The warmth and subtle humidity in the air stirs emotions as one envisions heading to the ball park for opening day, preparing for the start of a new fishing season, or produces visuals (perhaps with dread) of how that new swimsuit or bikini will fit. Oh wait, it’s December 22nd! The northeast part of the United States feels like spring, it has been this way all through the month of December. While quite enjoyable and enabling a number of extra runs, outdoor tennis, and pleasurable strolls through the park, the weather is unseasonable enough to impact typical economic seasonal patterns. It’s been somewhat of a running joke in New York City: “Don’t worry it will eventually get really cold, it always does!” Adages be damned, as Mother Nature has surprised us all. Of course there are still another 9 days in December, but it looks safe to say that no bitter cold will arrive in time for Santa. Early estimates by the National Oceanic and Atmospheric Administration and Weather Trends International are that December will be 4-6 degrees warmer than average this year across the country. This deviation will be even greater in the northeast.
Weather changes are normally ignored when analyzing economic and market data. The weather changes in a similar manner each year so there isn’t a need to really think about weather changes much when scrutinizing y/y growth rates. Moreover, most economic statistics agencies have complex seasonal adjustment techniques which account for calendar shifts and the typical seasonal impact on economic data. Weather only becomes an issue when there is a large deviation from what is normal which renders seasonally adjusted figures less meaningful. With December being the largest month of the year for retail sales, analysis of the weather will be a significant factor in determining consumer strength this year. If it is a good holiday season it likely would have been a super season if the weather was normal. If the season is lackluster, well perhaps it would have been ok if December cold came like it normally does. While most sales aren’t impacted by the temperature, sales of items like coats, hats, mittens, scarves, snow shovels, rock salt, and space heaters certainly are. Remember that a 5% growth rate would indicate very strong holiday sales while a 2% growth rate would be a disappointment. All that needs to happen is for the weather to impact about 2-3% of overall purchases to have an outsized impact on growth rates. This is likely to be the case this year, and it will be very tricky for both retailers and investors to adjust for. One quickly falls into the realm of hypothetical sales, and “woulda-coulda-shoulda”.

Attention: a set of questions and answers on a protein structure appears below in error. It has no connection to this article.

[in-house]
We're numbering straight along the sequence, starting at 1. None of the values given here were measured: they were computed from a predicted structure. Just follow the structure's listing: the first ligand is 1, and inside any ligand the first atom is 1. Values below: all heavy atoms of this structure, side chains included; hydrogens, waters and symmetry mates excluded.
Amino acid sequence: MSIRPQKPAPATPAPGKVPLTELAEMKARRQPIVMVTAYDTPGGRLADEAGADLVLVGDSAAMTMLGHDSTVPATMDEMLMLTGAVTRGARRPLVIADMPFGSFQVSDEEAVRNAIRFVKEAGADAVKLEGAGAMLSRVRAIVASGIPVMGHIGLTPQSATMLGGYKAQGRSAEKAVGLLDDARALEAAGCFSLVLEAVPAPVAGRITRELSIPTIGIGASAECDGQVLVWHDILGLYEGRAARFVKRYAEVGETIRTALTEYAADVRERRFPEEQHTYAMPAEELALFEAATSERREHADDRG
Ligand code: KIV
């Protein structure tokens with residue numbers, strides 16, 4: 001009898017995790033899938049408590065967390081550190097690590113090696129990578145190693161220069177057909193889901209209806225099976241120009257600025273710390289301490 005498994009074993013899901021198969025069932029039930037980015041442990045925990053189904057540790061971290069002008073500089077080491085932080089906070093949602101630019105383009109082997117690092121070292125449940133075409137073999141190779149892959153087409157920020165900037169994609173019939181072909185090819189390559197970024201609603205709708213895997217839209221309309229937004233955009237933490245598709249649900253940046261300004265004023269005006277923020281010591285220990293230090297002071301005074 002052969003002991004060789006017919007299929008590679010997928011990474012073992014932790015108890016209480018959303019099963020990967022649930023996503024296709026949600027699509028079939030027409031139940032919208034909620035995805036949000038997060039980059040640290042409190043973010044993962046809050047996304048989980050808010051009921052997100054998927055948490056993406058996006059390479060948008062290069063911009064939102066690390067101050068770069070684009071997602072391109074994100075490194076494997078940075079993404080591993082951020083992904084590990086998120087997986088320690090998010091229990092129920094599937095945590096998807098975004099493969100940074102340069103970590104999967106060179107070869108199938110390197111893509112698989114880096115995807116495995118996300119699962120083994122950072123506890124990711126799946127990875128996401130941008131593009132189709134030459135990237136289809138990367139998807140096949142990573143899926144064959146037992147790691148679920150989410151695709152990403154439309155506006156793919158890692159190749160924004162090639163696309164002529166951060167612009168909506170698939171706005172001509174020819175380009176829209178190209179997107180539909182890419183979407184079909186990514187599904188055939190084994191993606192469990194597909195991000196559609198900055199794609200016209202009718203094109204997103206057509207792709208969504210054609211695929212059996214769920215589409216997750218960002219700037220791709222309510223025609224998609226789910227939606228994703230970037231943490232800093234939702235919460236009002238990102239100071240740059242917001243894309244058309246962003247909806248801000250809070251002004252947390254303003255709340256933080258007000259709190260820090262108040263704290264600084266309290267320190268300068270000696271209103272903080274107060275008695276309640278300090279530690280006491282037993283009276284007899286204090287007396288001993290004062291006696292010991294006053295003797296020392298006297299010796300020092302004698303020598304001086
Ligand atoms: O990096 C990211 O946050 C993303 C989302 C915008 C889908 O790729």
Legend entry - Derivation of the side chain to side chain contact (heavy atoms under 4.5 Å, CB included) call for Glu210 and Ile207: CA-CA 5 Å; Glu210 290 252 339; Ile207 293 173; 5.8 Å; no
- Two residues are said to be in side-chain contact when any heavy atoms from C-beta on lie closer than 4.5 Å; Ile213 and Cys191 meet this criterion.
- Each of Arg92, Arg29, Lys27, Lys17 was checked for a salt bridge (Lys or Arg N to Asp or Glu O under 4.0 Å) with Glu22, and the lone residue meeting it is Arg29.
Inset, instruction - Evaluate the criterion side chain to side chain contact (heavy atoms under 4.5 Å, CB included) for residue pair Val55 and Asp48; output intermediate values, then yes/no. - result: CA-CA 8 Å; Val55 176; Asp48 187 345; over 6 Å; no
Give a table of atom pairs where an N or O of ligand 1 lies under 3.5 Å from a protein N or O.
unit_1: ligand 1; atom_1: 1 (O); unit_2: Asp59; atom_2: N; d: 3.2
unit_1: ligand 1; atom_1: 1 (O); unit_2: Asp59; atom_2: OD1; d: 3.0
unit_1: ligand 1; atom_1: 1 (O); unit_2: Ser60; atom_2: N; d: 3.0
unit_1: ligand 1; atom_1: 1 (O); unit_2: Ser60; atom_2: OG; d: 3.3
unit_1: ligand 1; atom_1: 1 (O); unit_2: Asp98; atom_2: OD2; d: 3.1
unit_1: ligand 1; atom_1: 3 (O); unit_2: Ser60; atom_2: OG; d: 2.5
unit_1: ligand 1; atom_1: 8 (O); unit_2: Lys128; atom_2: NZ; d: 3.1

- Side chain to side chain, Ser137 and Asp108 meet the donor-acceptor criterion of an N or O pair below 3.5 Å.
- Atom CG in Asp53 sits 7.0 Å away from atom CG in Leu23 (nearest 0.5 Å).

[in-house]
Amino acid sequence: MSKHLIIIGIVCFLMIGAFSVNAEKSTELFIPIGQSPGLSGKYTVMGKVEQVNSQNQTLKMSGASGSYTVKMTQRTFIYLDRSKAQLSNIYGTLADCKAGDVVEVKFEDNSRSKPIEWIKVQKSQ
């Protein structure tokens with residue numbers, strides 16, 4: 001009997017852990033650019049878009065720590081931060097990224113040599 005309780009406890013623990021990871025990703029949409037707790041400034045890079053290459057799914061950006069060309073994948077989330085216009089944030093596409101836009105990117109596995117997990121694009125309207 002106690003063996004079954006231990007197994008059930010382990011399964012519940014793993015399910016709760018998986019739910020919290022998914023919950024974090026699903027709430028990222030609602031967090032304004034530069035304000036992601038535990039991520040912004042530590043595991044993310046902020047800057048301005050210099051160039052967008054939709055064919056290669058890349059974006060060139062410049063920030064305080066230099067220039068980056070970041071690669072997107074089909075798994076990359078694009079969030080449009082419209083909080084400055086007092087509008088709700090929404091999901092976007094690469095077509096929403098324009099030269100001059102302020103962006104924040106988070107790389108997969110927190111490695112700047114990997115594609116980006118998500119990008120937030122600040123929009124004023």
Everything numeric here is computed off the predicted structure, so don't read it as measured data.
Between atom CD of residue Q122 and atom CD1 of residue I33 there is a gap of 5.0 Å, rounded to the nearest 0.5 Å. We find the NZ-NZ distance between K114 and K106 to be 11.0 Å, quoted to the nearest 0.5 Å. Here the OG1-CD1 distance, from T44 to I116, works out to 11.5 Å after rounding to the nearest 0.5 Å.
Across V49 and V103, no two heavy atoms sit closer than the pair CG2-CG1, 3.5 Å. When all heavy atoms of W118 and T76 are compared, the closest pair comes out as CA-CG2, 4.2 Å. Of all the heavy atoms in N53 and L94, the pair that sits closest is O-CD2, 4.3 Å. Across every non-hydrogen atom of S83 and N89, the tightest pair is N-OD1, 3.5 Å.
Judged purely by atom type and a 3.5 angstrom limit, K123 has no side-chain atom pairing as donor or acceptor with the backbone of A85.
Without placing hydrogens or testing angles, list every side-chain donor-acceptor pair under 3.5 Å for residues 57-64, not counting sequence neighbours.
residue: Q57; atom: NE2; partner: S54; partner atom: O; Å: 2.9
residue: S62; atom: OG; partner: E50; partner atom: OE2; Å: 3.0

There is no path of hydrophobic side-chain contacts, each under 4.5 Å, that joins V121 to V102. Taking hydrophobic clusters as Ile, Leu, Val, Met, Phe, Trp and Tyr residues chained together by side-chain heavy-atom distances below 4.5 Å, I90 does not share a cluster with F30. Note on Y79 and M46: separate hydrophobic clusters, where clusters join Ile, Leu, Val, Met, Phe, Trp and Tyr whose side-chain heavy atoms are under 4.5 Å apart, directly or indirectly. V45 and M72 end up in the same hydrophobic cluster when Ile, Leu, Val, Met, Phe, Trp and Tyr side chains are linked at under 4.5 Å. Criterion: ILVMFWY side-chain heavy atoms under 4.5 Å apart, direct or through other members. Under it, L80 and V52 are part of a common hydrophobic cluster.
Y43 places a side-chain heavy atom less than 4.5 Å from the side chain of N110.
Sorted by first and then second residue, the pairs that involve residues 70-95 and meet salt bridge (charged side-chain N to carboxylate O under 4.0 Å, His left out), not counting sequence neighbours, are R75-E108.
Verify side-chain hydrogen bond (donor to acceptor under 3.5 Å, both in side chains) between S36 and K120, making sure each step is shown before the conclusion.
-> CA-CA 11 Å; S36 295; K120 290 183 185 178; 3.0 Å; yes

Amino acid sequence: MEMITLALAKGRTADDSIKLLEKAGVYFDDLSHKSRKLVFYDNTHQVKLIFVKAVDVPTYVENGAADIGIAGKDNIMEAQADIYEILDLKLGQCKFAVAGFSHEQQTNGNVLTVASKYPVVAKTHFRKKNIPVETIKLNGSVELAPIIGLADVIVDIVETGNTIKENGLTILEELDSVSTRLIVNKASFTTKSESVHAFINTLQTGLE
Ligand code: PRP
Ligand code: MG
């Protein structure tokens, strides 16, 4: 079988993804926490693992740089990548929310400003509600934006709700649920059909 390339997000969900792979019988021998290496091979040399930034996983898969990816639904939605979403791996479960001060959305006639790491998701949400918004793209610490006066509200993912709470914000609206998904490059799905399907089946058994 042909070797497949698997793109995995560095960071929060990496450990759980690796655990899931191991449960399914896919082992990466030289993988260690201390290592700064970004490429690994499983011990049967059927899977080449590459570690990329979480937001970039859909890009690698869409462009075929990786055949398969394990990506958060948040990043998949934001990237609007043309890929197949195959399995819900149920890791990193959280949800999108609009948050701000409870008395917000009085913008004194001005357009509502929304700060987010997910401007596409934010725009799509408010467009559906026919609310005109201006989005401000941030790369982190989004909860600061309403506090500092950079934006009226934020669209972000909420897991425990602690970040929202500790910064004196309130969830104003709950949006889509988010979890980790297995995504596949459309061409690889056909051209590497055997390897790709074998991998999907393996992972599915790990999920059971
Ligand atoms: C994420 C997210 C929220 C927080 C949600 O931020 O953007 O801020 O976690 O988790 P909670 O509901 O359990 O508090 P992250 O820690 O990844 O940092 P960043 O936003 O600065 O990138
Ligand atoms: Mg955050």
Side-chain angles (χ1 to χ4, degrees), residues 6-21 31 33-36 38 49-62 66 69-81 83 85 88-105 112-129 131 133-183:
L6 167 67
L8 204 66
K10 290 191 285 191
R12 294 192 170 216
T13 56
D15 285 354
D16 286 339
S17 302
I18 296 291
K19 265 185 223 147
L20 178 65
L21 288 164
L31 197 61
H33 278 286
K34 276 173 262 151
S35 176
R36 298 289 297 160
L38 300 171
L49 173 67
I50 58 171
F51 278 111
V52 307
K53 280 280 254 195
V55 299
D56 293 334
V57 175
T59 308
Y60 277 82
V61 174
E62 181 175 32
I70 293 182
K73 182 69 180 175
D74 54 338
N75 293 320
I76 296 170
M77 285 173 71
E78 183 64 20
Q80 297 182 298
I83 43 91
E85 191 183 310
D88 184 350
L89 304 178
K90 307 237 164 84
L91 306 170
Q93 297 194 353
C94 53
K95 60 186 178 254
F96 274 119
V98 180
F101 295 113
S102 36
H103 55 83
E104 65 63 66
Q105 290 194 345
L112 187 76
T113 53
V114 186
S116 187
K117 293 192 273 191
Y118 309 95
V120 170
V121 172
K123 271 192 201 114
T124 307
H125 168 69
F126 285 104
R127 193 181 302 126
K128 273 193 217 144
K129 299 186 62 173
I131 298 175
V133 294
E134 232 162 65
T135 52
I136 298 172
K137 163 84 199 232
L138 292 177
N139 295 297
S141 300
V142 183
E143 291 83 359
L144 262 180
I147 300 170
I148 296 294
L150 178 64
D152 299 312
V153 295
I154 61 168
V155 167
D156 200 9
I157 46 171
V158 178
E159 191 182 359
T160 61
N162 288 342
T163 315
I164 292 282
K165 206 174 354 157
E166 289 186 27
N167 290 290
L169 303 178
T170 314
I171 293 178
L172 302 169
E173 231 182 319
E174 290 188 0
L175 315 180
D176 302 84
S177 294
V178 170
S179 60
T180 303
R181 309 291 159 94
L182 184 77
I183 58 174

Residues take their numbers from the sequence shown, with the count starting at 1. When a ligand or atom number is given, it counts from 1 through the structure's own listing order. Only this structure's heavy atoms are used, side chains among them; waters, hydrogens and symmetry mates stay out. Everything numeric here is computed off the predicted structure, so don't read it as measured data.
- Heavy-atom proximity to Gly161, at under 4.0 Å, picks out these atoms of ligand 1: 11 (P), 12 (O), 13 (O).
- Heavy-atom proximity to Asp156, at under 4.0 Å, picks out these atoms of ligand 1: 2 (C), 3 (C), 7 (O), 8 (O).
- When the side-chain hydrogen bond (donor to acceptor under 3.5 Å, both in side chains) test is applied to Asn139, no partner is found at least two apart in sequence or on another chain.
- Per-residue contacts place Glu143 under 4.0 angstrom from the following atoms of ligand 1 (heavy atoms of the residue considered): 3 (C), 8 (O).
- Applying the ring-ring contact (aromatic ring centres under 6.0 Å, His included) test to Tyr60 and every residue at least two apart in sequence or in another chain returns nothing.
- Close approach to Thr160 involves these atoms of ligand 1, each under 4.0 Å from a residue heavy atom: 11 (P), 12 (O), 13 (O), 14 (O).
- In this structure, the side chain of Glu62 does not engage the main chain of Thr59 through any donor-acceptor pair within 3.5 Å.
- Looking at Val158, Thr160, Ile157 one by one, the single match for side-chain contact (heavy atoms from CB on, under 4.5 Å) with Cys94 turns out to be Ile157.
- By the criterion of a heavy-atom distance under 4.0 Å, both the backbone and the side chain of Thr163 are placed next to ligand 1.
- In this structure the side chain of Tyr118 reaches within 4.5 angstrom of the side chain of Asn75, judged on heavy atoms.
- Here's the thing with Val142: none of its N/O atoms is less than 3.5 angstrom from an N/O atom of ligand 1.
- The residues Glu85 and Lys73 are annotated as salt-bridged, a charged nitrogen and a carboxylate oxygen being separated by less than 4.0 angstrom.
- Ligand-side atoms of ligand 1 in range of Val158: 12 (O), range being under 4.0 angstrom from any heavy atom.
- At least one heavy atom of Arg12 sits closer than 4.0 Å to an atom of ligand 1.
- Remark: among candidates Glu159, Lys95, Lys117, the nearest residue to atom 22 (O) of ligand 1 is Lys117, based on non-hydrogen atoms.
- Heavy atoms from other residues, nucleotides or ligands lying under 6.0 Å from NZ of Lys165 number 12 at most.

Housing starts and construction data are likely to be positively impacted in December as there are a greater number of outdoor workdays than what is typical at the start of the winter. Home sales could be positively impacted as it is easier than normal to get around and shop for a house. Energy demand could be impacted which would also have a positive economic impact if lower demand helps contain energy prices broadly. There are a number of layers of complexity to any attempt to precisely analyze weather impact. Retail sales have seemed adequate thus far through the holiday season but many retailers were likely counting on the cold to arrive before Christmas Eve to help spur seasonal sales. It may not happen this year and this is something to be aware of when analyzing sales data for the holidays and month of December (released in the first half of January).
Enjoy the holidays and stay warm, errrr cold!